Prayer Wheel for our Service Men

Discussion in 'Salt Lake City, UT' started by ondiv, Apr 7, 2003.

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  1. ondiv Jedi Master

    Member Since:
    Nov 18, 2002
    star 4
    The average age of the military man is 19 years.

    He is a short haired, tight-muscled kid who, under
    normal circumstances is considered by society as half
    man, half boy. Not yet dry behind the ears, not old
    enough to buy a beer, but old enough
    to die for his country.

    He never really cared much for work and he would
    rather wax his own car than wash his father's; but he
    has never collected unemployment either.

    He's a recent High School graduate; he was probably an
    average student, pursued some form of sport
    activities, drives a ten year old jalopy, and has a
    steady girlfriend that either broke up with him when
    he left, or swears to be waiting when he returns from
    half a world away.

    He listens to rock and roll or hip-hop or rap or jazz
    or swing and 155mm Howitzers.

    He is 10 or 15 pounds lighter now than when he was at
    home because he is working or fighting from before
    dawn to well after dusk.

    He has trouble spelling, thus letter writing is a pain
    for him, but he can field strip a rifle in 30 seconds
    and reassemble it in less time in the dark.

    He can recite to you the nomenclature of a machine gun
    or grenade launcher and use either one effectively if
    he must.

    He digs foxholes and latrines and can apply first aid
    like a professional.

    He can march until he is told to stop or stop until he
    is told to march.

    He obeys orders instantly and without hesitation, but
    he is not without spirit or individual dignity.

    He is self-sufficient. He has two sets of fatigues: he
    washes one and wears the other. He keeps his canteens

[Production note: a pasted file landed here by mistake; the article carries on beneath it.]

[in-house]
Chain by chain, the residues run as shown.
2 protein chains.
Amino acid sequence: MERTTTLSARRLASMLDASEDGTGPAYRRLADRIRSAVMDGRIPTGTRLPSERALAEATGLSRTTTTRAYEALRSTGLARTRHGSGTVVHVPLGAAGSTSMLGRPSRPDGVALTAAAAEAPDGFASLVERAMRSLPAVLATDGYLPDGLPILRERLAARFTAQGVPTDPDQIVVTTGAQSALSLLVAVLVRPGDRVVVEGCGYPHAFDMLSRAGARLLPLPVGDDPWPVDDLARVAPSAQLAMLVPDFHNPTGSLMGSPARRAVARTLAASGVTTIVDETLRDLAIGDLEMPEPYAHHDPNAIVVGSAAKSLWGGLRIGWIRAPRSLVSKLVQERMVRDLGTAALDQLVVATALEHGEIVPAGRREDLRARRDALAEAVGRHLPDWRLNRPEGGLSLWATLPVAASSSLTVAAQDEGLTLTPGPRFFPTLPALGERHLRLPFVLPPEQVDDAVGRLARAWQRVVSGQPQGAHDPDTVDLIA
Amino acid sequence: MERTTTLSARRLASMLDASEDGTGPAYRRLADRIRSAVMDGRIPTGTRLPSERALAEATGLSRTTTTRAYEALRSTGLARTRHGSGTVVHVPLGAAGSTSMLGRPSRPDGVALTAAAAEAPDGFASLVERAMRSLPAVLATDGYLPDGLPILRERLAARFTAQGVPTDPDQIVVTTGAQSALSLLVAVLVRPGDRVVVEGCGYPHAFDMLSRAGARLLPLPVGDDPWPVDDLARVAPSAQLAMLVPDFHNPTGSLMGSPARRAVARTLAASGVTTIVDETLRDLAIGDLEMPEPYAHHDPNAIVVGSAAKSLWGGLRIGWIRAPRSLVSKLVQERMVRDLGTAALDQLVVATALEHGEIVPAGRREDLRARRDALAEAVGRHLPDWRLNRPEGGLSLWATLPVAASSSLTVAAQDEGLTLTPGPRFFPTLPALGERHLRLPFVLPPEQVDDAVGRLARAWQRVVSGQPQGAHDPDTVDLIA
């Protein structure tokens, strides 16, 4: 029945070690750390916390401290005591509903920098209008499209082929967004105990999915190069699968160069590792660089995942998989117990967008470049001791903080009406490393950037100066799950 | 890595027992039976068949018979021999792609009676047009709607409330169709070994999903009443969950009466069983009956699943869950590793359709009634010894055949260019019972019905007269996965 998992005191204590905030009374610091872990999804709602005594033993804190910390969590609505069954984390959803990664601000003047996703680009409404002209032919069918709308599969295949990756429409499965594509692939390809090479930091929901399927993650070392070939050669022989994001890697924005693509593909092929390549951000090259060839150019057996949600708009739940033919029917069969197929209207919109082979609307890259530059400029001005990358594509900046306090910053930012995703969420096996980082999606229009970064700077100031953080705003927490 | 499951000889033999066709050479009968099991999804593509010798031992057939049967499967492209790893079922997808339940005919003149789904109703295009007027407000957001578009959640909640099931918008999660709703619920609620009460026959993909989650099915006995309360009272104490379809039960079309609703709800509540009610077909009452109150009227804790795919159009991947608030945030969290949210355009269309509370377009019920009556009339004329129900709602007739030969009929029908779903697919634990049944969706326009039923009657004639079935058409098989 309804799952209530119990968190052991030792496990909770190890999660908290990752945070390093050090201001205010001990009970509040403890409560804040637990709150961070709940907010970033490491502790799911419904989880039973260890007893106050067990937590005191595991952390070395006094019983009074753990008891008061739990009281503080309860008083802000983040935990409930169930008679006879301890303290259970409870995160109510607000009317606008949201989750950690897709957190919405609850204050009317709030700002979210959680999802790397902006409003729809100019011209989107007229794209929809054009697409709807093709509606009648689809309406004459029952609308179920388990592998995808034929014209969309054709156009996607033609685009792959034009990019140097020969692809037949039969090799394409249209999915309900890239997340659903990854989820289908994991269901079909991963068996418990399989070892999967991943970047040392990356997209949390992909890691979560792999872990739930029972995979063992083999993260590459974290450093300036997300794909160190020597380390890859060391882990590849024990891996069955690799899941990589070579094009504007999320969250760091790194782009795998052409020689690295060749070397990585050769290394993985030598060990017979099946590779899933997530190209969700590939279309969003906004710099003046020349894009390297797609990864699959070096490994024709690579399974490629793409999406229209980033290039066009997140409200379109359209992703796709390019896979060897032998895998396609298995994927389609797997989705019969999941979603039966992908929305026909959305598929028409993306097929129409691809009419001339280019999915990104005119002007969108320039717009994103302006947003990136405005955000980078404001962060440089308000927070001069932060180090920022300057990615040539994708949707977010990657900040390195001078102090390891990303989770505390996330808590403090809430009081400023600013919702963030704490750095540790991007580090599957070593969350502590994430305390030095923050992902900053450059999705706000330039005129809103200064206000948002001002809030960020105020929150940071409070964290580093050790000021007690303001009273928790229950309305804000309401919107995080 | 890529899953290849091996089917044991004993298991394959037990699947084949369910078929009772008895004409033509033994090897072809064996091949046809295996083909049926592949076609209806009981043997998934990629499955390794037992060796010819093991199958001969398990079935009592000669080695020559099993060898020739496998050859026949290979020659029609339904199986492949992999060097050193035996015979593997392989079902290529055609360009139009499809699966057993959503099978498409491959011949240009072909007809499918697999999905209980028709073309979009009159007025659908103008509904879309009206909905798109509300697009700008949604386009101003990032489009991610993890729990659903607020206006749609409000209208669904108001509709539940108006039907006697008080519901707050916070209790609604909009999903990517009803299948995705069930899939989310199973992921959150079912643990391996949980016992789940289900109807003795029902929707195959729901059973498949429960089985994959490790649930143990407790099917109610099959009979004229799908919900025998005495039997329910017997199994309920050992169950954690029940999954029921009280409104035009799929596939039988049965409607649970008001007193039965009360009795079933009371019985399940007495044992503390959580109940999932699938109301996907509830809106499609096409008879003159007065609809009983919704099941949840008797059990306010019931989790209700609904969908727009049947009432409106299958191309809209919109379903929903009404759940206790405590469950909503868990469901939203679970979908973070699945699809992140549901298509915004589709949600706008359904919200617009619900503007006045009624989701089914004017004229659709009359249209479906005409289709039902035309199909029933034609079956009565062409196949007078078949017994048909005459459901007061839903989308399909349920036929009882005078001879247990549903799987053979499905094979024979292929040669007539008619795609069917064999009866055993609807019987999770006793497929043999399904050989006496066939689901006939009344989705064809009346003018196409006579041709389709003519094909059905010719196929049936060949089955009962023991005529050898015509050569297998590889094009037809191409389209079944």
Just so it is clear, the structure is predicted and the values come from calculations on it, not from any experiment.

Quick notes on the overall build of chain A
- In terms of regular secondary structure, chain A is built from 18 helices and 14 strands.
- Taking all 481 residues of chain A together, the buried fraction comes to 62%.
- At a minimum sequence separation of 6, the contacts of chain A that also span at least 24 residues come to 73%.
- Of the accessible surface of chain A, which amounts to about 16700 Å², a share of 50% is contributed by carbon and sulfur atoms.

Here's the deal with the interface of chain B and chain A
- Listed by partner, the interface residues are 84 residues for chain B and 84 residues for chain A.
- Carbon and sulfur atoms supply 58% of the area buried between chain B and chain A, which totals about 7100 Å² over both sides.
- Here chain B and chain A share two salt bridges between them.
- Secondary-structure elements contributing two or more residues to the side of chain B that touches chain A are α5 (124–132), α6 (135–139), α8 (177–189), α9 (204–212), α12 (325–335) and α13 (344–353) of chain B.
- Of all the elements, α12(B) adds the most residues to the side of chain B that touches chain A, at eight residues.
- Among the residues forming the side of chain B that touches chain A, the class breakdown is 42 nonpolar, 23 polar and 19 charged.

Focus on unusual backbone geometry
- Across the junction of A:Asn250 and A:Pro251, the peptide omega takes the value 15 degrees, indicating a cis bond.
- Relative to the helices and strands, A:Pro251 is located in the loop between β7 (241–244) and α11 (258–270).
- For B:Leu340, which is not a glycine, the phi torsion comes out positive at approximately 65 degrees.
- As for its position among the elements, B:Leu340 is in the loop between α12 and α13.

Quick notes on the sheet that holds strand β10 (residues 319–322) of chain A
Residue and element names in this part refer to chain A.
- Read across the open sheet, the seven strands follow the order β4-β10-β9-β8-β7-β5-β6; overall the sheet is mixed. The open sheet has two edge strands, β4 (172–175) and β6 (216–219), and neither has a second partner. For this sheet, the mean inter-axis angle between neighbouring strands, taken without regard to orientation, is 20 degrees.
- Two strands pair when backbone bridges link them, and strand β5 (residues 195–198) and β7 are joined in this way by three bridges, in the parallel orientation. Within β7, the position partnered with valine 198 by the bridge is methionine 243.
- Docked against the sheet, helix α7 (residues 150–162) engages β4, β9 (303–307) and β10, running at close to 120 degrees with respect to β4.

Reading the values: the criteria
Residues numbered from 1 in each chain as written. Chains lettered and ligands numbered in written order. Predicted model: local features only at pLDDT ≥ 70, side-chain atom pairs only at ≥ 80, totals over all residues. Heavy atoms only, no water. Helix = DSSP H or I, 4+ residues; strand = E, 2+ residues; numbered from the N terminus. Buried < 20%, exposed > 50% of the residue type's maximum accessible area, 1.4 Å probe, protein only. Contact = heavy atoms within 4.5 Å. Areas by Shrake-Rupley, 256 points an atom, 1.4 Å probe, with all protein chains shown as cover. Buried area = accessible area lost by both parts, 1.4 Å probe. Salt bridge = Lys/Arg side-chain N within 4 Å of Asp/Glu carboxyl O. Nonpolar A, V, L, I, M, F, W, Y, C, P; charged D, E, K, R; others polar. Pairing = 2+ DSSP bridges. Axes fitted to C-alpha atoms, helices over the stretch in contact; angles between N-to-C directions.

full and his feet dry.

    He sometimes forgets to brush his teeth, but never to
    clean his rifle.

    He can cook his own meals, mend his own clothes, and
    fix his own hurts. If you're thirsty, he'll share his
    water with you; if you are hungry, his food.

    He'll even split his ammunition with you in the midst
    of battle when you run low.

    He has learned to use his hands like weapons and
    weapons like they were his hands. He can save your
    life - or take it, because that is his job.

    He will often do twice the work of a civilian, draw
    half the pay and still find ironic humor in it all. He
    has seen more suffering and death then he should have
    in his short lifetime.

    He has stood atop mountains of dead bodies, and helped
    to create them.

    He has wept in public and in private, for friends who
    have fallen in combat and is unashamed.

    He feels every note of the National Anthem vibrate
    through his body while at rigid attention, while
    tempering the burning desire to 'square-away' those
    around him who haven't bothered to stand, remove
    their hat, or even stop talking. In an odd twist, day
    in and day out, far from home, he defends their right
    to be disrespectful.

    Just as did his Father, Grandfather, and
    Great-grandfather, he is paying the price for our
    freedom.

    Beardless or not, he is not a boy.

    He is the American Fighting Man that has kept this
    country free for over 200 years.

    He has asked nothing in return, except our friendship
    and understanding.

    Remember him, always, for he has earned our respect
    and admiration with his blood.

    Prayer Wheel For our Military

    "Lord, hold our troops in your loving hands. Protect
    them as they protect us.

    Bless them and their families for the selfless acts
    they perform for us in our time of need. Amen."

    Prayer Wheel: When you read this, please stop for a
    moment and say a prayer for our ground troops in
    Afghanistan, sailors on ships, and airmen in the air,
    and for those engaged in the war with Iraq. Of all the gifts you
    could give a US Soldier, Sailor, Marine or Airman,
    prayer is the very best one.


    If anyone would like to post the names of those that are serving in the armed forces that they know, please feel free to do so.

    In loving tribute to Micah, who is serving on the front lines taking prisoners because he speaks Arabic, and his brother Staven Thompson. May God bless you, keep you safe, and re
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